For the complete report, go to

Published in Missouri Gardening

Media contact:
Duane Dailey
University of Missouri Extension
Phone: 573-882-9181
E-Mail: This email address is being protected from spambots. You need JavaScript enabled to view it.

Story sources: Scott Brown, 573-882-3861; Zac Erwin, 660-665-9866

COLUMBIA, Mo. – Farmers needing heifers to replace old cows, or sold cows, are at a good time. This fall’s Show-Me-Select heifer sales offer spring-calving replacements to build herds.

Recent declining profits and bad winters forced downsizing of the Missouri heifer supply. Recent price upticks add optimism to beef outlooks.

Growing demand for quality beef lends optimistic outlooks for 2020 cattle prices, says Scott Brown, University of Missouri Extension livestock economist.

“I see some crazy good price projections out there,” he adds. But he’s not going that far in spite of seeing growing demand. So much depends on the growing foreign trade. Other countries want high quality.

Watch price spreads for quality beef, USDA choice to prime grades, he says. “It’s quality that counts.”

In a recent week, boxed-beef price for prime beef was $257 per hundredweight while select was $208. That’s $49 more for quality.

Those prices work back to sales of feeder calves. But that takes farm records and marketing to capture gains. Raising and selling calves isn’t enough. Feedlot buyers learn farm reputations and bid more for quality calves. It takes management for producers to know their calf quality and market it. It’s more than round them up and sell them.

Missouri has advantages when it comes to beef quality, Brown says. He reflected on the coming six sales of Show-Me-Select replacement heifers.

Zac Erwin, MU Extension livestock specialist and Kirksville SMS sale manager, said bred heifers may be hard to find this year. “Most producers bred fewer than last year due to low profits,” he says.

Sale barn managers in his area say fewer bred heifers are being sold. “They are selling about 30 percent compared to two or three years ago.” Erwin adds, “As profits return, Show-Me-Select offers a chance to add top genetics to beef herds.”

The Show-Me-Select Replacement Heifer Program, taught by MU Extension, adds genetics and proven management. Bred heifers offered at the sales are from farmers enrolled in the SMS program.

Show-Me-Select adds calving ease to herds. That cuts death loss and labor at calving. Along with improved heifers, the steermates improve carcass merit in SMS herds. Those sell for premium prices.

Economist Brown says volatility in beef prices results from uncertainty on foreign trade. China and Japan offer big potential for importing more beef. However, trade deals are still in flux.

African swine fever losses in China play a part in beef demand. Pork prices have gone up, which has related increases in beef demand.

USDA outlooks show potential for 3 million metric tons of beef to China. That approaches almost a quarter of U.S. beef for next year.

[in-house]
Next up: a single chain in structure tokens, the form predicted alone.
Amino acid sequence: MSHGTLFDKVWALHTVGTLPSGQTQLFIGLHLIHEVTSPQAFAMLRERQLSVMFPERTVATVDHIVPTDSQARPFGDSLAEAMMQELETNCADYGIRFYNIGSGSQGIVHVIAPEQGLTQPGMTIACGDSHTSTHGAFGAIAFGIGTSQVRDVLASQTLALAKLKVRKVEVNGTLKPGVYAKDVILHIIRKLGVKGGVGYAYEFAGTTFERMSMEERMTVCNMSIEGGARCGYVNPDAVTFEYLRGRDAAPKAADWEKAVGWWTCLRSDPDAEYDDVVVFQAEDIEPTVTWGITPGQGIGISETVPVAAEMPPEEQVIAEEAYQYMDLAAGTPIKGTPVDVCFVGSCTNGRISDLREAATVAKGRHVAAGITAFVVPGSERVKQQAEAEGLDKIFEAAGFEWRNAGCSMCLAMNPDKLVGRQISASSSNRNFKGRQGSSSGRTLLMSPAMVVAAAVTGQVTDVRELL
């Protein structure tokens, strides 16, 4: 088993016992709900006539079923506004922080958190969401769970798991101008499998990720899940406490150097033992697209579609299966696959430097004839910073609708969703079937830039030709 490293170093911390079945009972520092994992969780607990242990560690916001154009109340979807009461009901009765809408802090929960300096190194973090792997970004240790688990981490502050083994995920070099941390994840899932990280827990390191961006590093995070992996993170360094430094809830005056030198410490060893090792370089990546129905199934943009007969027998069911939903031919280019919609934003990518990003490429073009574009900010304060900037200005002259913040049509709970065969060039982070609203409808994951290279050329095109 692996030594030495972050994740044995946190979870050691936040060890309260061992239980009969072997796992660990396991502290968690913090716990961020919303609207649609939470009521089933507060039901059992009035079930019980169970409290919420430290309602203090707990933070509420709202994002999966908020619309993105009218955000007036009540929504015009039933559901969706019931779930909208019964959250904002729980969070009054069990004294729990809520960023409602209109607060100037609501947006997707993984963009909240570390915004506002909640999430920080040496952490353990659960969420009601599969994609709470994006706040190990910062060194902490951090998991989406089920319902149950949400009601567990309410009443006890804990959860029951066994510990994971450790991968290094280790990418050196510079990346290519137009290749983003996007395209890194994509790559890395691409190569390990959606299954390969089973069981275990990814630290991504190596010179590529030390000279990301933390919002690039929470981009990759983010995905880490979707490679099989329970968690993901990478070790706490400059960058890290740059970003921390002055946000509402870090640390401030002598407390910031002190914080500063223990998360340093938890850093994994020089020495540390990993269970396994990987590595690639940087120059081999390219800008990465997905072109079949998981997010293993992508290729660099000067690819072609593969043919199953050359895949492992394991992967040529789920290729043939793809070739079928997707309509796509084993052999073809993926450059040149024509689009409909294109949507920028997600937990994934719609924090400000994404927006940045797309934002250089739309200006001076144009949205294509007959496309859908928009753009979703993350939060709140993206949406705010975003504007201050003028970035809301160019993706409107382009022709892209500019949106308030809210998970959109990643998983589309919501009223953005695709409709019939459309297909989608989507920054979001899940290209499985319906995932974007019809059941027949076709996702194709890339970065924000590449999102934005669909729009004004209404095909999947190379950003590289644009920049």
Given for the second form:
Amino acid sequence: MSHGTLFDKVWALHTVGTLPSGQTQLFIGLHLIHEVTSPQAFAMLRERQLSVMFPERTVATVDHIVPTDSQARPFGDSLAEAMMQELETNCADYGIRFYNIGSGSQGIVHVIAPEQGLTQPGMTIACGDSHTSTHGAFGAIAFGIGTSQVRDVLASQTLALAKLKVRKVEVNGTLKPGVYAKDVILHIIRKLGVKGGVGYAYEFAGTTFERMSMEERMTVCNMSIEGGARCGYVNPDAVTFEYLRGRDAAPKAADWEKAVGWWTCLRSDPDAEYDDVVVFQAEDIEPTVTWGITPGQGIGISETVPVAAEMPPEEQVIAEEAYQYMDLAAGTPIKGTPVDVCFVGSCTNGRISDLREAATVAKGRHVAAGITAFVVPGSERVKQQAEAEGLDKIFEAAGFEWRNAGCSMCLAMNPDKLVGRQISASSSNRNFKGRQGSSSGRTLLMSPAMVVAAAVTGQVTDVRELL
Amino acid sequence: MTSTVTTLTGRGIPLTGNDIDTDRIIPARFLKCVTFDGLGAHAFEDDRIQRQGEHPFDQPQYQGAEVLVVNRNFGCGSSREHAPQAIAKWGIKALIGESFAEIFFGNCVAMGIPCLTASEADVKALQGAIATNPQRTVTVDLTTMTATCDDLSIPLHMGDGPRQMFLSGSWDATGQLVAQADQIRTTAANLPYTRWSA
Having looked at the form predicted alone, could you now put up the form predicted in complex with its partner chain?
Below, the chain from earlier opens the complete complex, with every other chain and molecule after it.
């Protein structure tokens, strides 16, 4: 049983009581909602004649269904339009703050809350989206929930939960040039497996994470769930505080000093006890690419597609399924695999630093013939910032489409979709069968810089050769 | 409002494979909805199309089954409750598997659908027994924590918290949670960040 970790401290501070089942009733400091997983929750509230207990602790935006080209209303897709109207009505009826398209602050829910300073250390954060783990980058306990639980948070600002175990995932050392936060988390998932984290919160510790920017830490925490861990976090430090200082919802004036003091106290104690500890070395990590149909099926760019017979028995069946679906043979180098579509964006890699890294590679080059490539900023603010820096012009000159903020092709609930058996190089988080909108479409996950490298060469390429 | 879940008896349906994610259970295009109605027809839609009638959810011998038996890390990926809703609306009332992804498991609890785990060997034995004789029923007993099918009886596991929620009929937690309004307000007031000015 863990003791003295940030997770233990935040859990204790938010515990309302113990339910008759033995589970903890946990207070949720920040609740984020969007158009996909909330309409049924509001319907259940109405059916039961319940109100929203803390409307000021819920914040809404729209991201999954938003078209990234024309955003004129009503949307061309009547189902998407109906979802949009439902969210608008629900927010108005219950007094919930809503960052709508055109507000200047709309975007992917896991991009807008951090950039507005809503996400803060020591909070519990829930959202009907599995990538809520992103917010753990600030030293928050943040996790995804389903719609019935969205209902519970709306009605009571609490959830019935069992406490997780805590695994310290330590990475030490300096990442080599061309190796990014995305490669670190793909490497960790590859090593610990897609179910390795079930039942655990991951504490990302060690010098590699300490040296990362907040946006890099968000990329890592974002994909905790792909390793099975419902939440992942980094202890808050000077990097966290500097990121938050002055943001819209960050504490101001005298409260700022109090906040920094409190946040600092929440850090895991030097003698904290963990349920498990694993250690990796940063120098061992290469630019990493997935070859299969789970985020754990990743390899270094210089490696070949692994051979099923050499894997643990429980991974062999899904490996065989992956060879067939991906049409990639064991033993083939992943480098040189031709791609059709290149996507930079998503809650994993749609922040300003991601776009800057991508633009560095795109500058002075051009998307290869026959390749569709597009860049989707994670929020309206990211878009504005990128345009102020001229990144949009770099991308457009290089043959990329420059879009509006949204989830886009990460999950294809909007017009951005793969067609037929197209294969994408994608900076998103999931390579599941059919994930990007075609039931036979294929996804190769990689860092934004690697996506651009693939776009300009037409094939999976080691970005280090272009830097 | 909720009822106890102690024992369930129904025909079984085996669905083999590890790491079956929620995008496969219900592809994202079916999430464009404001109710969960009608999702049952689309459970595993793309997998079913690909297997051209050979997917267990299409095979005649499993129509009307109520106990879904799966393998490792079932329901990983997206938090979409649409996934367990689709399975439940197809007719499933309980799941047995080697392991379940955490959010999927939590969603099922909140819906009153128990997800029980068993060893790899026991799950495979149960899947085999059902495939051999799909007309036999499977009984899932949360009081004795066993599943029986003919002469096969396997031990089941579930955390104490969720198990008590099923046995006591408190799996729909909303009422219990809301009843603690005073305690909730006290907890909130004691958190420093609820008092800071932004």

U.S. can compete with other countries for that demand. The edge goes to U.S. beef quality.

Erwin says area beef farmers selling at the Kirksville Show-Me-Select sale picked their theme: “Prepare for the Future.”

Missouri beef producers need to think ahead. There is diminishing demand for select beef, Brown says. But in his outlook talks, he adds there’s always uncertainty. No one knows future weather, diseases, trade deals or politics.

Lists of Show-Me-Select sales are at

Nov 14, 2019

The Center for Agriculture, Food and the Environment, along with other sponsors, hosted the Massachusetts Ecosystem Climate Adaptation Network’s third annual conference on Tuesday, Oct. 29 at the Mount Ida campus of UMass Amherst.

The conference was designed to serve as a venue to shape conversation about ecosystem resilience, for participants to reflect on their own work, to boost morale and to network.

Published in Iowa Gardening
tractor and equipment in field by Larry Stone at Daryl Landsgard Farm.

Iowa Learning Farms, along with the Clayton County Soil and Water Conservation District, will host a cover crop workshop on Thursday, Dec. 5 from 10 a.m. to 12 p.m. at the Luana Savings Bank. The event is free, open to the whole family and includes a complimentary meal. Read more about Cover Crop Workshop Set for Luana on Dec. 5

Published in Iowa Gardening
three master gardeners.

Master Gardener volunteers with Iowa State University Extension and Outreach continue to improve the lives and communities of Iowans. Twenty-two counties across the state received Growing Together Mini-Grants in 2019, which resulted in about 115,000 pounds of produce being donated to nearby pantries. Read more about Growing Together Mini Grantees Donate More Than 100,000 Pounds of Produce in 2019

Published in Indiana Gardening
Purdue University’s Center for Food and Agricultural Business, the Agricultural Retailers Association and Arizona
Page 1 of 1356